Beware! You could be next…
One cybersecurity professional says a series of attacks in the Ottawa-Gatineau region, including Thursday’s attack on the city of Clarence-Rockland, should be a warning sign for others to take prompt actions of strengthening their security and data privacy systems.
Cyberattacks are on the rise these days. A week earlier, the Kemptville District Hospital reported a “cybersecurity” attack, which forced them to temporarily shut down the ER. Gatineau transit officials also reported a cyberattack on the Société de transport de l’Outaouais (STO) in early September.
“The situation that we are becoming more and more accustomed to is cyber-criminals scanning the internet completely, far and wide, and looking for vulnerable systems,” says Steve Waterhouse, an Information security professor at Universität de Sherbrooke and a former cyber expert at the Department of National Defense.
“So, whether it’s a small town, a hospital, or even a critical-infrastructure industry – everybody is subjected to these attacks.”
Considering the rising trend in cyberattacks, Kelowna Cyber Security Experts also urge cautions during an uptick.
Ransomware Attack on Clarence-Rockland
The crime unit of Ontario Provincial Police (OPP) is currently investigating the cyberattack on Clarence-Rockland, located east of Ottawa, with the support of the OPP Cybercrime Investigations Team. However, only a select few details about the cyber incident have been revealed to the public.
As for now, the city has temporarily halted its email service and is currently in works with the experts to restore its system.
“Clarence-Rockland has all the look and feel of a ransomware attack,” said Waterhouse. “Meaning that essential systems of the municipality were frozen [and] are currently paralyzed.”
The threat of ransomware attacks is still hovering over our heads, with the coronavirus pandemic continuing to deteriorate people’s financial situation across the globe.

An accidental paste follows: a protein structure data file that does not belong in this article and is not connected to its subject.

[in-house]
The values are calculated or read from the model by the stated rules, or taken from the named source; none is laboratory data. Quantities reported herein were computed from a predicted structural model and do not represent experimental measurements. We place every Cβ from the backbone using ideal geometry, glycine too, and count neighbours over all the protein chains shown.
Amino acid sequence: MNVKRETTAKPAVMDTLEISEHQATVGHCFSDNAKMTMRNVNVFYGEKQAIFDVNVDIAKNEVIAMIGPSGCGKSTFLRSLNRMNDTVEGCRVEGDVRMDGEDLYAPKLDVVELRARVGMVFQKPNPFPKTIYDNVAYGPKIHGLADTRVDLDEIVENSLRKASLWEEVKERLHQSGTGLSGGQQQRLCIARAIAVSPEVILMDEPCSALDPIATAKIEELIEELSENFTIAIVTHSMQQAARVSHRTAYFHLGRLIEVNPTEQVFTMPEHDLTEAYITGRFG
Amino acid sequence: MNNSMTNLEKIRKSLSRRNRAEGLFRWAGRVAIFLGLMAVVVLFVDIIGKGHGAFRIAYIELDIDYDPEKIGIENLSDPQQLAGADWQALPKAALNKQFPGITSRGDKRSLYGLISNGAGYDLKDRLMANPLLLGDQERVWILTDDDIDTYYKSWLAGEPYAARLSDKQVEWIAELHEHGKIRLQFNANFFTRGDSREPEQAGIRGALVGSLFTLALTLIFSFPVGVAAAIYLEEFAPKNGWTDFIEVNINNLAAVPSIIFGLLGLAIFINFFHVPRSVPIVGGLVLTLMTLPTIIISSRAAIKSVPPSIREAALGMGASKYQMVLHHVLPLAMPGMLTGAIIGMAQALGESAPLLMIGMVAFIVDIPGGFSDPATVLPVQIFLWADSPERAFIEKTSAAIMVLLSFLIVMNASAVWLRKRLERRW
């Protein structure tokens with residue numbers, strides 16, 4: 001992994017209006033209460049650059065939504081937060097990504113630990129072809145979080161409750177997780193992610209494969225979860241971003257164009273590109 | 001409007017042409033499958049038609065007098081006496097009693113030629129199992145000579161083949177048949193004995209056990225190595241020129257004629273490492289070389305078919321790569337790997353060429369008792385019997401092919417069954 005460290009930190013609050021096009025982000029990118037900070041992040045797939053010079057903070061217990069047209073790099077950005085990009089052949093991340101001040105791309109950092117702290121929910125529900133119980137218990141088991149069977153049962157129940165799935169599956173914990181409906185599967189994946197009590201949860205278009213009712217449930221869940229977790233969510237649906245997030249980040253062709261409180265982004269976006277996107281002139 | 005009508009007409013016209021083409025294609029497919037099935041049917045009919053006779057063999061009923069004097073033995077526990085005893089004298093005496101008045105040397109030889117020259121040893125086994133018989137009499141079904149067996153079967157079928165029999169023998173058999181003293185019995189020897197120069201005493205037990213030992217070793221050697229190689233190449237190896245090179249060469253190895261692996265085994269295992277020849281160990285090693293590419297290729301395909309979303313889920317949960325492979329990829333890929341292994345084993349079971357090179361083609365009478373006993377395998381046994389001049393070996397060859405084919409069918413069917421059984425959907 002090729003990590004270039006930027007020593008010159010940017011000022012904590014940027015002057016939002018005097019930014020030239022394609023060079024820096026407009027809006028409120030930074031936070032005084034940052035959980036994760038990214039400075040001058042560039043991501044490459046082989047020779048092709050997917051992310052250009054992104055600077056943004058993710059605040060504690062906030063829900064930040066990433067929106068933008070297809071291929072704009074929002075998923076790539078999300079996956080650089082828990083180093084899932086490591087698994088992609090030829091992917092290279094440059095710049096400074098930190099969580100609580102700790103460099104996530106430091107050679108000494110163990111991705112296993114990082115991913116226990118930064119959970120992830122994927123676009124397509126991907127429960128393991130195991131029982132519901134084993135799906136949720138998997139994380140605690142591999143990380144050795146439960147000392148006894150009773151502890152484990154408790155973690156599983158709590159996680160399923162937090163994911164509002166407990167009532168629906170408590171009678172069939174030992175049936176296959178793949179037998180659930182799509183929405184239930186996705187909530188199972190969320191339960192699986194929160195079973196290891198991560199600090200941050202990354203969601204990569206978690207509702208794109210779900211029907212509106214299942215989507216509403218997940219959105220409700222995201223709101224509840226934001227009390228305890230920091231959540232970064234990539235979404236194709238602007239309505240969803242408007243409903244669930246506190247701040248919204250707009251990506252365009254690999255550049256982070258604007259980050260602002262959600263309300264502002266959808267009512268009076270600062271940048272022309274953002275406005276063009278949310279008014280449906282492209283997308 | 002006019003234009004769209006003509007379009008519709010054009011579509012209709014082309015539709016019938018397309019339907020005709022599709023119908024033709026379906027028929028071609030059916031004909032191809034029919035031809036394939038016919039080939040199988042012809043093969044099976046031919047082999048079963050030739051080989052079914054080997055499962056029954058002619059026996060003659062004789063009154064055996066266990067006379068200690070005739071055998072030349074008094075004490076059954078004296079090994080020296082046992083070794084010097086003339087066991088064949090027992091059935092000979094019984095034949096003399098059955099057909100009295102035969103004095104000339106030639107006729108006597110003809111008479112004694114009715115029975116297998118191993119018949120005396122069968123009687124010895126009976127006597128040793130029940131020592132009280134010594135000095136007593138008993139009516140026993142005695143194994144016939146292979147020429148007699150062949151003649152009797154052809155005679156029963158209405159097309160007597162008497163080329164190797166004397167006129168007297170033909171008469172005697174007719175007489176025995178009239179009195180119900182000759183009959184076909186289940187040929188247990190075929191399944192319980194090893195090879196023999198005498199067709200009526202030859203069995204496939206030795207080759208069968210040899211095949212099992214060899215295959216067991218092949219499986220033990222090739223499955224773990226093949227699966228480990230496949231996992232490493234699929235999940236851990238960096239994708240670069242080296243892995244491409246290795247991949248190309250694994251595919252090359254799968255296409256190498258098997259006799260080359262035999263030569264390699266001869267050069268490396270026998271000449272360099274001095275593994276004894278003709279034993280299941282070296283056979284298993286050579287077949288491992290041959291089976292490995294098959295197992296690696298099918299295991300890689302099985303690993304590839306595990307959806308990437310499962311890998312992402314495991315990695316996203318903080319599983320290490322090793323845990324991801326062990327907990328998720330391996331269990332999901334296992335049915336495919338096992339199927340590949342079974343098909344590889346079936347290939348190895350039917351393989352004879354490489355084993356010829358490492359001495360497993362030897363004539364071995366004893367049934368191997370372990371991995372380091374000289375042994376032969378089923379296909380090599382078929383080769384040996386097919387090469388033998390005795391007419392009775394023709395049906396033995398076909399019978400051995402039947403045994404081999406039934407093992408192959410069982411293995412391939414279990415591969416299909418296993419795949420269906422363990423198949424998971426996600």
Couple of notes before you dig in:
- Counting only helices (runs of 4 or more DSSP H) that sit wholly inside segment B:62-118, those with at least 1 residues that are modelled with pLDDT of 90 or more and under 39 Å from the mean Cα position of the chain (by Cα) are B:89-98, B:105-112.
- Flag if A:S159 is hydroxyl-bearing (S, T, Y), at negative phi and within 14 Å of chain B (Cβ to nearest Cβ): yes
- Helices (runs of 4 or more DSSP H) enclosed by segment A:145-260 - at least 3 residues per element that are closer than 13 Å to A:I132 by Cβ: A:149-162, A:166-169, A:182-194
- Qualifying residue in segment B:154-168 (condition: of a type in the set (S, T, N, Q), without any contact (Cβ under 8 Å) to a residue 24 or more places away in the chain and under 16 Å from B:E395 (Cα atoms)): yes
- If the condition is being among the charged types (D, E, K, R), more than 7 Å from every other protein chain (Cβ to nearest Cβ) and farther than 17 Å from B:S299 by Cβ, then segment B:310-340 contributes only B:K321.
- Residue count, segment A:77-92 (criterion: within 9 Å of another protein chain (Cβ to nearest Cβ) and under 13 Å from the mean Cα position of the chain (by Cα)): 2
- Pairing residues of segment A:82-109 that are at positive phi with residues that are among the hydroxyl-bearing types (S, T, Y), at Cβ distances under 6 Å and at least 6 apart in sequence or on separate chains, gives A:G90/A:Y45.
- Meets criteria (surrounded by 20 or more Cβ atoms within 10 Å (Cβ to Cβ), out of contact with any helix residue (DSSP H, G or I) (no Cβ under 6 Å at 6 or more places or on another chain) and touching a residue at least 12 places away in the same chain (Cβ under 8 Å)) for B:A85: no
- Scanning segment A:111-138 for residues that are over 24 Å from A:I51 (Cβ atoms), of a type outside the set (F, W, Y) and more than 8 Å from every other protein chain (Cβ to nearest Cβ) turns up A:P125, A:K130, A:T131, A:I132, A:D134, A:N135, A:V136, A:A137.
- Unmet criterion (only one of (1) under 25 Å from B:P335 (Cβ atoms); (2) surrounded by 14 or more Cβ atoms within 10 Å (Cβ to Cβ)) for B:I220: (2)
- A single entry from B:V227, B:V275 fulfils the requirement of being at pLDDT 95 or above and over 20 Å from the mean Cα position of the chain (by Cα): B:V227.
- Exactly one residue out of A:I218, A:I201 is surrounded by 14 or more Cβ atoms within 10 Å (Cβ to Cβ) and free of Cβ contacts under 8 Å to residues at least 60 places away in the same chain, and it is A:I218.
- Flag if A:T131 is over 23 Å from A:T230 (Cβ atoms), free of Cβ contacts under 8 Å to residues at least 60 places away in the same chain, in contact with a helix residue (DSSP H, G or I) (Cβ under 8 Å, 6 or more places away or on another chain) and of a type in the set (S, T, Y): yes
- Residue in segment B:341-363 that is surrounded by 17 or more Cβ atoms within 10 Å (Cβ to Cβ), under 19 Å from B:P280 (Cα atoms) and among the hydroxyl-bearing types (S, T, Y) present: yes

This situation has forced people to look for alternative ways to keep their heads above water.
Waterhouse further says that hackers and malicious actors are constantly looking for vulnerabilities in businesses and institutions, aiming to prey on the most profitable victims. Remote workers, however, have further added salt to the already burning injury.
The Canadian Centre of Cyber Security has also observed an uptick in cyber threats associated with the Covid-19 pandemic, including ransomware attacks on Canada’s front-line health workers and medical research institutions.
Research shows that small and medium-sized companies, including municipal governments, are at higher risk of cyber-attacks.
“The COVID-19 pandemic has demonstrated just how much the Canadian economy relies upon our digital infrastructure, and we assess that these threat actors will almost certainly continue using thematic lures for malicious phishing attempts, including COVID-19 and health-related themes,” says Evan Karnowski, a representative of the Canadian Centre of Cyber Security.
To guard yourself against these threats, the Centre urges people and institutions to keep their electronic devices updated with the latest software and security patches, watch out for phishing scams, adopt healthy cybersecurity habits during remote work and use a VPN on open Wi-Fi networks.